Have you ever wondered why almost all Linux distros are slightly incompatible with each other, even though they are all built from the same sources? Or more specifically why Red Hat, Debian, Gentoo, SUSE, Mandrake and a zillion other distributions package their files in (most of the time) non-interchangeable ways? Does this seem like a pointless waste of effort to you? For those you that answered yes, I'm going to tell one of the reasons for the current state of affairs. But first you have to learn about dynamic libraries and two related acronyms: API and ABI.
In order to use a dynamic library, one must know two things about it. The first is the application programming interface. That tells what functions and whatnot the library contains and what they are supposed to do. A common way of defining an API are C header files. Basically an API is something the programmer needs to know in order to take advantage of the library. The application binary interface, or ABI, tells how the executable and dynamic linker can map those calls to actual memory addresses.
This is all fine and good, but what happens when bugs are fixed in the library or new features are added? They change the contents of the library, so what happens to programs that try to use the new libraries? There are three different kinds of changes that can occur.
Windows' compatibility does have its dark side though. Several of Windows' ugliest deformations are directly caused by maintaining a backwards-compatible ABI, in some cases all the way back to DOS. All libraries have some kind of design limitations. Working around them without modifying the original ABI can be exceedingly hard and/or ugly. The ABI becomes a virtual straitjacket for the programmer.
This has been the traditional Unix way. Since Unix has been a programmer's system, this has been seen as a good thing. It gets you higher quality code faster, since you don't have to suffer from brain farts of yesteryear. Backwards ABI compatibility is not a problem, since Unix comes with sources for the entire system.
The downside to this is obvious: getting a simple bug fix may mean recompiling half of your system. Fortunately this is rare. Another problem, though not as severe, is that library interfaces might not be as thoroughly designed. The programmer might just throw the first version out to people and fix the misfeatures in it once enough people complain about them.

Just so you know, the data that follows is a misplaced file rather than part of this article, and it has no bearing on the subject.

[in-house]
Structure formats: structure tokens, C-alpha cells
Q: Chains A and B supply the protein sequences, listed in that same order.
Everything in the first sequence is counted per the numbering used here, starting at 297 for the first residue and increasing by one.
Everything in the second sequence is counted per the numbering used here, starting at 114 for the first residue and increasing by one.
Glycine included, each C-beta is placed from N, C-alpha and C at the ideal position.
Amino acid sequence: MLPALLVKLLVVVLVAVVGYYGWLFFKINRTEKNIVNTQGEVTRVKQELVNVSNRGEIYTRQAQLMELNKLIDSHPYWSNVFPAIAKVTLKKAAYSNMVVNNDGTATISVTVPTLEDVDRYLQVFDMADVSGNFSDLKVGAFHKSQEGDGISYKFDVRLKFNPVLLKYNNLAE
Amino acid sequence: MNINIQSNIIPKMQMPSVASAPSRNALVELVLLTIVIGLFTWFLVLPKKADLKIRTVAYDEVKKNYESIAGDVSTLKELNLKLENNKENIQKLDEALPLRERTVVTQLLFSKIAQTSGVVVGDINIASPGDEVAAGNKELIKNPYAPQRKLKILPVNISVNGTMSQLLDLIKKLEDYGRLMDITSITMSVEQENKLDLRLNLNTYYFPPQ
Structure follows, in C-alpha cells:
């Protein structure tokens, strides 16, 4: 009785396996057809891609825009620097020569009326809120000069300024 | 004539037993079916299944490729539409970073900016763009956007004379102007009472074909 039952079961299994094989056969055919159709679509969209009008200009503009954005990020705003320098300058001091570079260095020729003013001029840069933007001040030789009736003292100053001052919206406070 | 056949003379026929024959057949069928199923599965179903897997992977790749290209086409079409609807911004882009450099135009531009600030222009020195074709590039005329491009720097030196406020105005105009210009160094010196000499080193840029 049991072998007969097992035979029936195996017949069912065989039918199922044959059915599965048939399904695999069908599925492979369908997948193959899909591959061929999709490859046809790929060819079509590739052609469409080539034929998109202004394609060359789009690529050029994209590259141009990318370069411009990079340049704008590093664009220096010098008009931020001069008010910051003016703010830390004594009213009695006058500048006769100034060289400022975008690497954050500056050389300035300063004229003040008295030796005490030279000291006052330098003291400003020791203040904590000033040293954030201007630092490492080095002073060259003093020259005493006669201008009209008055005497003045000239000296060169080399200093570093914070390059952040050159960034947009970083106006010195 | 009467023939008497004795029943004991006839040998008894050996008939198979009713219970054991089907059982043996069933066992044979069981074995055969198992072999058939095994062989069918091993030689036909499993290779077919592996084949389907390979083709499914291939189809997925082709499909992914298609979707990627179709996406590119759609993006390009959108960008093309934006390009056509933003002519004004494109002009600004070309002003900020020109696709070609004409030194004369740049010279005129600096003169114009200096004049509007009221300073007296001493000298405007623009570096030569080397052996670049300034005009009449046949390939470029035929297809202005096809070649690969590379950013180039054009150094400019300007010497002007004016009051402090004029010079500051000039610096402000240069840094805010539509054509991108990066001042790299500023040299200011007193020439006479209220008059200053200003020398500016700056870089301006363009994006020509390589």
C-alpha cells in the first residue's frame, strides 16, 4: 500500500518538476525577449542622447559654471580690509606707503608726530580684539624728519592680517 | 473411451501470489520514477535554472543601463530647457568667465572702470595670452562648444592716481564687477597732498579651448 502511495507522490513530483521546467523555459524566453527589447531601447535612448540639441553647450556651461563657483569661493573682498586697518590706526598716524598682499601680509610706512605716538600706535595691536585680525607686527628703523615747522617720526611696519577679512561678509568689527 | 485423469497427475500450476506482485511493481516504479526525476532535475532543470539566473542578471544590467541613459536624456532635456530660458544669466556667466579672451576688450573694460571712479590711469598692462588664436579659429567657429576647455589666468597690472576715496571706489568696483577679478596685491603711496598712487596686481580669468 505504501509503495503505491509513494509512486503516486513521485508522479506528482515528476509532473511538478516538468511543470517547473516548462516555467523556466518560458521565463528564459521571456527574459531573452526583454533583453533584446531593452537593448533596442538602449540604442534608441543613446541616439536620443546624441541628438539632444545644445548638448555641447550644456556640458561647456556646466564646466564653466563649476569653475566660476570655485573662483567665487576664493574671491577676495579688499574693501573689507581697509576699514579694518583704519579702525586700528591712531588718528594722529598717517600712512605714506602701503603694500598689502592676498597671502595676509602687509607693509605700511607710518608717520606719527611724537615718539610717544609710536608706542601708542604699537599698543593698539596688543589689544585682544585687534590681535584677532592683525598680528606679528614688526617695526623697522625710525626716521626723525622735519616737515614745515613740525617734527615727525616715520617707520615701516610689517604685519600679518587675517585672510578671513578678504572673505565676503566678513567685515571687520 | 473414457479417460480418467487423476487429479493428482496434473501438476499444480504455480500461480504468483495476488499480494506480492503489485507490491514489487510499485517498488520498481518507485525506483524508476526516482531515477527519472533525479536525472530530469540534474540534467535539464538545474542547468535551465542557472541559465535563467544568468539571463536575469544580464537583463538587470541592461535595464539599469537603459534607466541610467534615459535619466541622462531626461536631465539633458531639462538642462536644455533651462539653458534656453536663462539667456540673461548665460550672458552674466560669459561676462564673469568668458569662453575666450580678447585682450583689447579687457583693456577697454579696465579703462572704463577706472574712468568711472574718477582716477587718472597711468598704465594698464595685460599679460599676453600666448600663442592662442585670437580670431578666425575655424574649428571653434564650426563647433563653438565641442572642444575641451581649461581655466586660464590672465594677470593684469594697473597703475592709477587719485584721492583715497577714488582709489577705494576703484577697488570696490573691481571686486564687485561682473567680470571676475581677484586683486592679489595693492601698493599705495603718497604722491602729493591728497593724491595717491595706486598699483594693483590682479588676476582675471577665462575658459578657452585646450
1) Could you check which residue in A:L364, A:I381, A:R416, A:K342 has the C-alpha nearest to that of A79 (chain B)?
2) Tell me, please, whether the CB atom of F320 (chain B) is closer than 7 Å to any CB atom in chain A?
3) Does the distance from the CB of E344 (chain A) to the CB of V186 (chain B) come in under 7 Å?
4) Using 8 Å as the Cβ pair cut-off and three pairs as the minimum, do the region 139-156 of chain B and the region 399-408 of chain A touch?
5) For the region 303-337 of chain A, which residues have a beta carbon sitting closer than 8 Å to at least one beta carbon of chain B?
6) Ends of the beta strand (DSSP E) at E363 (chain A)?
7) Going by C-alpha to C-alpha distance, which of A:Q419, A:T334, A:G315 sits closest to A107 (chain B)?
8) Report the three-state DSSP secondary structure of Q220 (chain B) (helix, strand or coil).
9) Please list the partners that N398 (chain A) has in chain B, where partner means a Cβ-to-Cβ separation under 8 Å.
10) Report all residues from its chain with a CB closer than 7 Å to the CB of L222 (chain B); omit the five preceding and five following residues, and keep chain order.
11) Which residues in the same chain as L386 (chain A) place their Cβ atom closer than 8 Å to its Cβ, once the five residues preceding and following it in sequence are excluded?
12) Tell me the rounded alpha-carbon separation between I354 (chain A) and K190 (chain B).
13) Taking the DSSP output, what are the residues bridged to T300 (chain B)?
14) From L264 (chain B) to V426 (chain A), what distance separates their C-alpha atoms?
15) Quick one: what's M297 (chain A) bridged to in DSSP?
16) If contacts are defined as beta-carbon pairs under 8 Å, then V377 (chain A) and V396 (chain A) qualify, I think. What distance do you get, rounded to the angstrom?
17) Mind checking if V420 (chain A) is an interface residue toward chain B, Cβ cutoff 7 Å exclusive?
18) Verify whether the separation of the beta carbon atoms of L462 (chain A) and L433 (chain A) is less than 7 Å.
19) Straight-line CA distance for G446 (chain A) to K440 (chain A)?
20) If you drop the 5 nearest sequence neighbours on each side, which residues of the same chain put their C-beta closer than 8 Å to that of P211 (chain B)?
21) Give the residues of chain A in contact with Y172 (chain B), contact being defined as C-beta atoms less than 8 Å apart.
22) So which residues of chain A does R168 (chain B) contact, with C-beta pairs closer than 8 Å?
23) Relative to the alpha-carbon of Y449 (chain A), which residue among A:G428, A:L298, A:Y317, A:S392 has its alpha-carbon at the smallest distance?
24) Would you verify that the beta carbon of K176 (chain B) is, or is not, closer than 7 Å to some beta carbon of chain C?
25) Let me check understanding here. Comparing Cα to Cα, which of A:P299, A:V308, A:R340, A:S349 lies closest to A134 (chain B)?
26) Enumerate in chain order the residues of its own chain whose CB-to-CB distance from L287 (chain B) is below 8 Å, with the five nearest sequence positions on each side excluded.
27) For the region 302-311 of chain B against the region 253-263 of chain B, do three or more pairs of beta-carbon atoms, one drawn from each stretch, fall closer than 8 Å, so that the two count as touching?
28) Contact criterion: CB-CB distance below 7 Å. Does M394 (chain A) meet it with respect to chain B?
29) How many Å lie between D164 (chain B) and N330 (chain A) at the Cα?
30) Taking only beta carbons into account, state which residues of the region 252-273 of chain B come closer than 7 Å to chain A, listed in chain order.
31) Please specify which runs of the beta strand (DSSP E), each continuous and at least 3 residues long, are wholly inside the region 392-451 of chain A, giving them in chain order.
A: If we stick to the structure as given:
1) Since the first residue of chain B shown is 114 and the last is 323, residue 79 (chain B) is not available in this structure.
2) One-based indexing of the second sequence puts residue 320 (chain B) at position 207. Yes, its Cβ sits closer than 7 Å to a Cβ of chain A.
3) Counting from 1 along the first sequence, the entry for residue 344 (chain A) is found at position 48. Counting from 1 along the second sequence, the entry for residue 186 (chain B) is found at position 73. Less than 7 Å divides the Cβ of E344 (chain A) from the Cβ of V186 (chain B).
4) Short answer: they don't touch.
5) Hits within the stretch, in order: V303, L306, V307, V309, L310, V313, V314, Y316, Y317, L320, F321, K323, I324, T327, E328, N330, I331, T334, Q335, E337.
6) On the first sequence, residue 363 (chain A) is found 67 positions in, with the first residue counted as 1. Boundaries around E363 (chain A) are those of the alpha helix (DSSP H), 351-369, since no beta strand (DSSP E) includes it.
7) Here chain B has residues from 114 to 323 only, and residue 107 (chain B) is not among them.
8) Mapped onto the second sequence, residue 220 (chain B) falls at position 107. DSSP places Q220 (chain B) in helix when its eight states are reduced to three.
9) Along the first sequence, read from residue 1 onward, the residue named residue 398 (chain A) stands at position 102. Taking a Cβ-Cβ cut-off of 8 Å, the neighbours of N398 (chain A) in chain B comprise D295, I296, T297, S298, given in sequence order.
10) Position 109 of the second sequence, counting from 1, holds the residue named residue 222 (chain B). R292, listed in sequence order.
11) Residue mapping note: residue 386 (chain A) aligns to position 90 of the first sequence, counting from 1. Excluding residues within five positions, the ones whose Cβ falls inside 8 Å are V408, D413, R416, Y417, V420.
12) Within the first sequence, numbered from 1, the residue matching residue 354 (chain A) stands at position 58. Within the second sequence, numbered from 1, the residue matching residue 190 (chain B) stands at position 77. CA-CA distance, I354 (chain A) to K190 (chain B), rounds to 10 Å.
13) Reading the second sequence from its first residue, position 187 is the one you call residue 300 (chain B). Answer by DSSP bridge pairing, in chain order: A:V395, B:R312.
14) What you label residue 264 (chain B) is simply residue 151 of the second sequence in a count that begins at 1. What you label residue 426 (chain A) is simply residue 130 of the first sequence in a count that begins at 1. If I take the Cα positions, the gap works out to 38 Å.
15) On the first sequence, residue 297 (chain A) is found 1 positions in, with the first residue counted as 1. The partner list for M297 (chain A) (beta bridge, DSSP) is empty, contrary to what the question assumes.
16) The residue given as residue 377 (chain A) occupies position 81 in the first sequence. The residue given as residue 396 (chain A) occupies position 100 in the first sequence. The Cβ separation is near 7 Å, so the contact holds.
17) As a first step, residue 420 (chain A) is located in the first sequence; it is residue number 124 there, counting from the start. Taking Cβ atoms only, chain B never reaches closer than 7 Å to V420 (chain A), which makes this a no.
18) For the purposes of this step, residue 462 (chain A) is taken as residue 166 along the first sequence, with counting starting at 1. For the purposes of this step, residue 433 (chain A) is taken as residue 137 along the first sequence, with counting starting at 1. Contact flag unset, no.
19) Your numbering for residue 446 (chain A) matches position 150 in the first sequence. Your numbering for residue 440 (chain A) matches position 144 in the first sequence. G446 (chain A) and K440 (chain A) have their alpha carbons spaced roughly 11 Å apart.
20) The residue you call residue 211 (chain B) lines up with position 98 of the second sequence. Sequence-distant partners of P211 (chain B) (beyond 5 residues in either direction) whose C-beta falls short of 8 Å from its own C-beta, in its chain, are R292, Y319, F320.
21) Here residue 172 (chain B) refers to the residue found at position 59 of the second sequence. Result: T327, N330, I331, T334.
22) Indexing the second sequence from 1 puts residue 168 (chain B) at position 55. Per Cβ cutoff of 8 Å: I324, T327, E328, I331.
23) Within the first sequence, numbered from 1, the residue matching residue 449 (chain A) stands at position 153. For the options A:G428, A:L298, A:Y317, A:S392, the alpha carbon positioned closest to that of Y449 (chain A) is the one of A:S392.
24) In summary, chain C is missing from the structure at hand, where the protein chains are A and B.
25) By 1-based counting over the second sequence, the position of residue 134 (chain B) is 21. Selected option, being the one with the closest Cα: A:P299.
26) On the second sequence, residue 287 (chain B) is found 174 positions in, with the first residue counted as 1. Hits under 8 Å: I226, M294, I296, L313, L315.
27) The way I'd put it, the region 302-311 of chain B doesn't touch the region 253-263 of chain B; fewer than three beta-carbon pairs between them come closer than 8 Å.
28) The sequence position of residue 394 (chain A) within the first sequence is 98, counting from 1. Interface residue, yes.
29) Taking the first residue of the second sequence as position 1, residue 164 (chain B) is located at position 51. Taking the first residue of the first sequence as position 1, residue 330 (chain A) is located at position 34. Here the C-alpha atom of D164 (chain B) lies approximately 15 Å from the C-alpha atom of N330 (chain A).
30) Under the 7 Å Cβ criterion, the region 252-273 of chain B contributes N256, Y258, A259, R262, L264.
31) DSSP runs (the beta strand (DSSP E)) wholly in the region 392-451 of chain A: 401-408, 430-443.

There are two more reasons for the ABI breakup that are specific to the Free software people. One of them is money. Maintaining binary compatibility is time-consuming and not at all fun. Coders working for companies get paid quite a lot of money for their work, so they are expected to deal with these problems. Most free software developers aren't paid, so it is quite understandable that they concentrate their efforts on the interesting parts.
The other reason is the bogeyman known as proprietary software. Having the ABIs drift is not a huge problem for people working on open source software, but is quite a strain on closed source companies who have to re-certify their products on new releases, offer support on a myriad of different configurations and so on.
If the above seems petty to you, here's some food for thought. The basic functions needed by almost all programs are kept in a library called libc. Features provided by libc include file manipulation, string processing and so on. Linux uses the Free Software Foundation's implementation, which is called Glibc. This is one of the reasons why FSF people want to call the system GNU/Linux. Now try to remember who is the most prominent figure of FSF. Then try to remember his views on anything even slightly non-free. Now ask yourself: is it really that surprising that Glibc has broken binary compatibility several times? (If you don't believe me on the ABI breakup part, check Ryan Gordon's comment in this story.)
There is a kind of middle ground between these two extreme views. That is to only break binary compatibility between major releases. Suppose there is some fancy library called libfrob, which has just released version 1.0. In the optimal case programs built against 1.0 work flawlessly with libfrob versions 1.0.2, 1.1, 1.2, 1.6 and 1.9.9. Only at version 2.0 could there be ABI breaking changes. This is something that a lot of projects are working towards, but the results have been less than perfect. It takes a lot of discipline to maintain strict ABI compatibility. Let's hope that the people programming the various libraries take the effort to have binary compatibility a top priority.
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